New Jersey ship manager and New York bank in join venture Photo: Bloomberg
Mjolner tanker fund attracts ‘asset light’ investor interest
Shipmanager teams up with New York merchant bank to draw family office backing on charter-in trading platform
September 14th, 2017 17:00 GMT
by Joe Brady
Published in Weekly
Investors are backing a new joint venture between a New Jersey vessel manager and a New York merchant bank that allows a closed-end trading play on the crude tanker market.
The new fund, called Mjolner Solutions, is a collaboration of manager Mjolner Shipping and maritime-focused bank Mid-Ship Capital. It plans to trade tankers from VLCCs down to panamaxes.
Against a backdrop in which many investors have booked paper or actual losses buying crude tankers over the past five years, Mjolner is offering an “asset-light” chance to play on rates with reduced risk over a fixed 3.5 year investment, Mjolner chief executive Kevin Wise and Mid-Ship chief executive Dean Fezza told TradeWinds in an interview this week.
“You’ve seen a lot of private equity and hedge funds who wanted exposure to assets and bought ships,” Wise said. “Being asset light, we take out the residual risk of owning the asset, offer our expertise within the trading platform and provide a specified exit from the investment.”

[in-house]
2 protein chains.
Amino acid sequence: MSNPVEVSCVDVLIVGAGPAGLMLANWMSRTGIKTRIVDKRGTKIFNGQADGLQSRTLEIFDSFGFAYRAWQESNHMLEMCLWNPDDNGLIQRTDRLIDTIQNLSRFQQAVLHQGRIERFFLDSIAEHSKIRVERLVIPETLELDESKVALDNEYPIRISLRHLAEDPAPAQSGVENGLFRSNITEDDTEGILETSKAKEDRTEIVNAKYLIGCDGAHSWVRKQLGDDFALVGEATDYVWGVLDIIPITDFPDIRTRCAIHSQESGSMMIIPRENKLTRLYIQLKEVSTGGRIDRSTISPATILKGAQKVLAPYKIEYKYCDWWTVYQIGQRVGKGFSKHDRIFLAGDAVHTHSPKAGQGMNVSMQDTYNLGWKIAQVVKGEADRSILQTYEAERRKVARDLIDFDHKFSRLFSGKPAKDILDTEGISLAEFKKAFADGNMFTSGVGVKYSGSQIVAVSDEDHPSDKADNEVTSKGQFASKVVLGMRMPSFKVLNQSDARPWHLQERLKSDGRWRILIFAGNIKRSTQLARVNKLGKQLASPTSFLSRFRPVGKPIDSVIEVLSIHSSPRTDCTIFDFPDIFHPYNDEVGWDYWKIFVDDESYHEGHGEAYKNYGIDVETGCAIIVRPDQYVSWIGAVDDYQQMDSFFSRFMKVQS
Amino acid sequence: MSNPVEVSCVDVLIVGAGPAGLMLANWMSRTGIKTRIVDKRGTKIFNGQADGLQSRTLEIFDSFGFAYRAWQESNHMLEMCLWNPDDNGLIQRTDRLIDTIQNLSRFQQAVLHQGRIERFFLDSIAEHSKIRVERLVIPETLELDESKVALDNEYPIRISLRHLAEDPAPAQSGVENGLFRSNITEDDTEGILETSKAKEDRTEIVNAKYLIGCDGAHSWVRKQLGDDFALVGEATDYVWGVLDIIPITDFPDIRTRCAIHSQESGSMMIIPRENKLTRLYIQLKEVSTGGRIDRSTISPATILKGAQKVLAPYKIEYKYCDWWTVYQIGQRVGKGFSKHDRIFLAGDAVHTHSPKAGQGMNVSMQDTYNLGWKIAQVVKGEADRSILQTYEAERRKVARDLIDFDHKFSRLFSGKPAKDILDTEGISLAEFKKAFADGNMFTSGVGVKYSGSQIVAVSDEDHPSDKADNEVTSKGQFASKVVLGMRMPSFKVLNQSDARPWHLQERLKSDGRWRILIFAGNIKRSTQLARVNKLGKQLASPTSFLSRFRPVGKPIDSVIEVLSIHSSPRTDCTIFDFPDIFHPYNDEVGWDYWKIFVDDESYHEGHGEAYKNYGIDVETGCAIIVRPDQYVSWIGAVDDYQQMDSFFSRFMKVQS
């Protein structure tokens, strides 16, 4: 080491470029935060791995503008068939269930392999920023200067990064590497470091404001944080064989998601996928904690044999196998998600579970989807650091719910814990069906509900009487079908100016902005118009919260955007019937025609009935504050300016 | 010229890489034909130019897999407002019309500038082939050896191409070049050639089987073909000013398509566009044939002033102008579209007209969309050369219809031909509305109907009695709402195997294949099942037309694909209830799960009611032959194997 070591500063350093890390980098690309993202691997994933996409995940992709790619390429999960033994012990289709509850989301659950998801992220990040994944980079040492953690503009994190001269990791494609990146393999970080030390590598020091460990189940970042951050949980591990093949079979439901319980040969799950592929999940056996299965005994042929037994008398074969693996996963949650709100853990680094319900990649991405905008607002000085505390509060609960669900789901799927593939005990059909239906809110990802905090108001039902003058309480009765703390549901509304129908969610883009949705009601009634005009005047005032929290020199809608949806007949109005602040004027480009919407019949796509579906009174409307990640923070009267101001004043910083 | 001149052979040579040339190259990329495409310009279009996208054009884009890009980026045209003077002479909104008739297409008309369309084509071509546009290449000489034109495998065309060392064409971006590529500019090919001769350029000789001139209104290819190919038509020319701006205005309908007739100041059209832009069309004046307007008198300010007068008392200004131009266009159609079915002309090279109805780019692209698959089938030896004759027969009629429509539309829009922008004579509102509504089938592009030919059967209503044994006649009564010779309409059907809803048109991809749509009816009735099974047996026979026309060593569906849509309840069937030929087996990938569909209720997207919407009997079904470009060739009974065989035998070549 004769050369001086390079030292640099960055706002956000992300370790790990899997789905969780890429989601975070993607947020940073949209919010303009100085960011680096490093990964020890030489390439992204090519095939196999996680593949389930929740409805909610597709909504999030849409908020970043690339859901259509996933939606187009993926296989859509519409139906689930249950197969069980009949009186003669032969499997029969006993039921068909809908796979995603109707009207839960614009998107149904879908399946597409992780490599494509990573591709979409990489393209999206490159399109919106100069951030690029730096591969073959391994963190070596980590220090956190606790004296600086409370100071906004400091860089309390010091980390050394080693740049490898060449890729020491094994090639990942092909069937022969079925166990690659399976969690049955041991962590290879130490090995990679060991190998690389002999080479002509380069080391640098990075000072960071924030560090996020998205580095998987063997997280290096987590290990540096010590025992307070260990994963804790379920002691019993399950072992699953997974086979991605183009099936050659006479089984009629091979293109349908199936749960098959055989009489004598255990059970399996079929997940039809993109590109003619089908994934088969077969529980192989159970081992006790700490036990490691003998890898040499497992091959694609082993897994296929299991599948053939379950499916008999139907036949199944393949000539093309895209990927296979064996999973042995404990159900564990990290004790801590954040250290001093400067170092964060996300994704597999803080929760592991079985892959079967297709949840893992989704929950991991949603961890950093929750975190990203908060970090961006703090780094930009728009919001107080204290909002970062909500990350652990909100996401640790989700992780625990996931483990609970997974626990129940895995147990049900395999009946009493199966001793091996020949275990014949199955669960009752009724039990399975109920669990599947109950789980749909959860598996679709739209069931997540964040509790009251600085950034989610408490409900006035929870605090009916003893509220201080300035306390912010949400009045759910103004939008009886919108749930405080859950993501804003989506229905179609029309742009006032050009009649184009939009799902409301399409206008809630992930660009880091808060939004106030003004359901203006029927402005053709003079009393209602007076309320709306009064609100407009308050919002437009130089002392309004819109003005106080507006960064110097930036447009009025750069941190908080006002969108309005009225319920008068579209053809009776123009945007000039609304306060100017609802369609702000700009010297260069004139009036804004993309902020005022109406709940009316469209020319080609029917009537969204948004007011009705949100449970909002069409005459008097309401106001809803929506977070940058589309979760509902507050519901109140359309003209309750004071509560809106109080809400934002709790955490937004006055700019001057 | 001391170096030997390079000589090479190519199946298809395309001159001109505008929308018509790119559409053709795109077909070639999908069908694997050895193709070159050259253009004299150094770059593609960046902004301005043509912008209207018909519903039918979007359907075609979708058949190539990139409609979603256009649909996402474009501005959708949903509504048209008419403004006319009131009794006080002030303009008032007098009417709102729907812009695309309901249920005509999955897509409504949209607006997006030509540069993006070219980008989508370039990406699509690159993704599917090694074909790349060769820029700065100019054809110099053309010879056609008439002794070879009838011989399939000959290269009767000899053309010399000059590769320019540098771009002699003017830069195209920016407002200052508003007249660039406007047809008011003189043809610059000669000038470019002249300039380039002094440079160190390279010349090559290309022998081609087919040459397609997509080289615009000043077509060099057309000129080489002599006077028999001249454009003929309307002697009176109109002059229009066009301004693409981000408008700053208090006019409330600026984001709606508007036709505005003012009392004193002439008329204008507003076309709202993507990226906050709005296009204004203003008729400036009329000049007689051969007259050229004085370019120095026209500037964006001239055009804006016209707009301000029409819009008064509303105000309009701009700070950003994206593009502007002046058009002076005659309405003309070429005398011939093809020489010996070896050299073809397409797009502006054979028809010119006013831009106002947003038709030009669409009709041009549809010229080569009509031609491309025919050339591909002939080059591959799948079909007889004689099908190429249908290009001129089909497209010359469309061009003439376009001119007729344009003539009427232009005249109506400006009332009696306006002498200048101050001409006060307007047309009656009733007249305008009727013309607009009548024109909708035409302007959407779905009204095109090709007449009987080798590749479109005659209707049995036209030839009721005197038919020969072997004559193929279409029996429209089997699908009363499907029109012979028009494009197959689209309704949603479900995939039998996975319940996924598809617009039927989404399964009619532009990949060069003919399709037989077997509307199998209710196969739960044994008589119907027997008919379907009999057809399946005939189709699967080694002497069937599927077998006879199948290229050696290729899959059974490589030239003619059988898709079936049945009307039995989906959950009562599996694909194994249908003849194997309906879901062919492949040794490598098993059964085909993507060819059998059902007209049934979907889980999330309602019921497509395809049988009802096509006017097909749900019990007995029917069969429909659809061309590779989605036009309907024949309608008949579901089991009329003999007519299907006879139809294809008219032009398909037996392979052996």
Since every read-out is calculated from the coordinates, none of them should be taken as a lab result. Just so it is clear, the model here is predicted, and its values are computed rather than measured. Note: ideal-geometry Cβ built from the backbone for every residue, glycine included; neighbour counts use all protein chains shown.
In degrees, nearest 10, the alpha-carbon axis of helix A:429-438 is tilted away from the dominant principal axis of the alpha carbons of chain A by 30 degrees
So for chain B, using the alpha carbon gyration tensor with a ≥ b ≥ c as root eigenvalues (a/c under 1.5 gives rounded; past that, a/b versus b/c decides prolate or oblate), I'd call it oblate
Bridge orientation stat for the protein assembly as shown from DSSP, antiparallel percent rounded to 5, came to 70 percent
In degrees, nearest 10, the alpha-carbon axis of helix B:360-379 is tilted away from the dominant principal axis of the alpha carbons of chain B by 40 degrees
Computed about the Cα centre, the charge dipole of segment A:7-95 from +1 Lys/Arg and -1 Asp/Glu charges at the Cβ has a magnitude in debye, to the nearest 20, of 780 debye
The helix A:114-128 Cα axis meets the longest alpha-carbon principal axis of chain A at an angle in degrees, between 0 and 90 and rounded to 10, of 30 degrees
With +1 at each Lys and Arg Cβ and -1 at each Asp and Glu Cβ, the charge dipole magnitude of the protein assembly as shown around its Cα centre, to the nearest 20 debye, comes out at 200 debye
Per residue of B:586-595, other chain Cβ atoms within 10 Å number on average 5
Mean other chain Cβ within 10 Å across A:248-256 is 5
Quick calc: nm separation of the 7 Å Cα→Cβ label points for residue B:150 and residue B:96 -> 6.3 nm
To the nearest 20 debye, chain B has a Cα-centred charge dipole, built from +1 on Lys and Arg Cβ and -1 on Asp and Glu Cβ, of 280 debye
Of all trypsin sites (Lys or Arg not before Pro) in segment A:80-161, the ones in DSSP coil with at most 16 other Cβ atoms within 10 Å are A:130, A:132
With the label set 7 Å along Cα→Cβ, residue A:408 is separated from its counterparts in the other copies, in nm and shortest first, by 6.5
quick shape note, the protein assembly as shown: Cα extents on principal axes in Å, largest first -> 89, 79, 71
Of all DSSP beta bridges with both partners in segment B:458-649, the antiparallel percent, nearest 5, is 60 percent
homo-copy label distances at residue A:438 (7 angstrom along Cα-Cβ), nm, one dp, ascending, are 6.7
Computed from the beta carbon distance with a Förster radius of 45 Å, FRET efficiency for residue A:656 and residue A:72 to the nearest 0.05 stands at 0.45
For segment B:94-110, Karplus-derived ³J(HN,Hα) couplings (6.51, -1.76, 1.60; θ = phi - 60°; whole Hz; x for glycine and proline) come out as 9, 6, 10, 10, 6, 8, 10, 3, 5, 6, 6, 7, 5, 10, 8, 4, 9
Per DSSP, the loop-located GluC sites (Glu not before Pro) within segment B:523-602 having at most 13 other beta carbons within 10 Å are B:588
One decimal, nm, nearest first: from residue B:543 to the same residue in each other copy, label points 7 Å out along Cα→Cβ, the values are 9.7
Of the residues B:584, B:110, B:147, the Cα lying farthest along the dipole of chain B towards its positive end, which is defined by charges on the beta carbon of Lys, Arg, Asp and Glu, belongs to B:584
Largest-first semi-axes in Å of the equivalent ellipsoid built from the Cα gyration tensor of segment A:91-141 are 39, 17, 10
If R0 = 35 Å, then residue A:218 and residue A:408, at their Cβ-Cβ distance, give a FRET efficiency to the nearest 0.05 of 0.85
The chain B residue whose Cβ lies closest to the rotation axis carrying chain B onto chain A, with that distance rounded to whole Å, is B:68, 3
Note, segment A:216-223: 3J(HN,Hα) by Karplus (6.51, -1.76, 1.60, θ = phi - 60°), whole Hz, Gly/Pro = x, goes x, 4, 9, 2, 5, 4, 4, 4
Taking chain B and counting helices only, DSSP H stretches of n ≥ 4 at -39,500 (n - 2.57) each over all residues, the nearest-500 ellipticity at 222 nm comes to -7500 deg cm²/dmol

Neither Wise nor Fezza would reveal the size of the fund, which had a preliminary closing on 15 August, other than to say it is less than $100m and could still grow by year’s end. It has been funded with both equity and debt.
“We targeted high net-worth individuals and family office investors,” Fezza said. “They all have in some way generated their money through the energy industry more broadly.
“We think that investing in steel is also reaching attractive levels, so we’re not trying to say this is the be all and end all, but we are very comfortable with our partner’s ability to generate a premium trading the positions.”
Wise agrees that steel valuations are attractive in themselves but he adds that the spate of newbuilding ordering activity complicates things.
“What is more uncertain is what’s happening on the supply side,” Wise said. “It seems like every other headline there’s an owner ordering four-option-four or five-option-five, especially on the [VLCC] side.”
Mjolner got its start as a standalone company in 2013 and today it has 15 ships under management across four sectors, with 11 employees.
The fund allows it to expand the scope of its operation through outside investment.
The new investment could allow 15 to 20 ships at a time depending on the market, he says.
“The scale is going to be beneficial,” he said. “We want to be able to control the scale of the operation a little more, rather than have a standard pool where people can leave on 90 days notice.”
Mjolner Solutions will consider everything from spot trading to re-letting a charter depending on what the market dictates, he says.
While Mjolner’s ability to attract external funding to a trading platform is innovative, it is not unprecedented. It is understood that both Connecticut’s Penfield Marine and Navig8 group has quietly been able to attract investors to such funds over the past five years.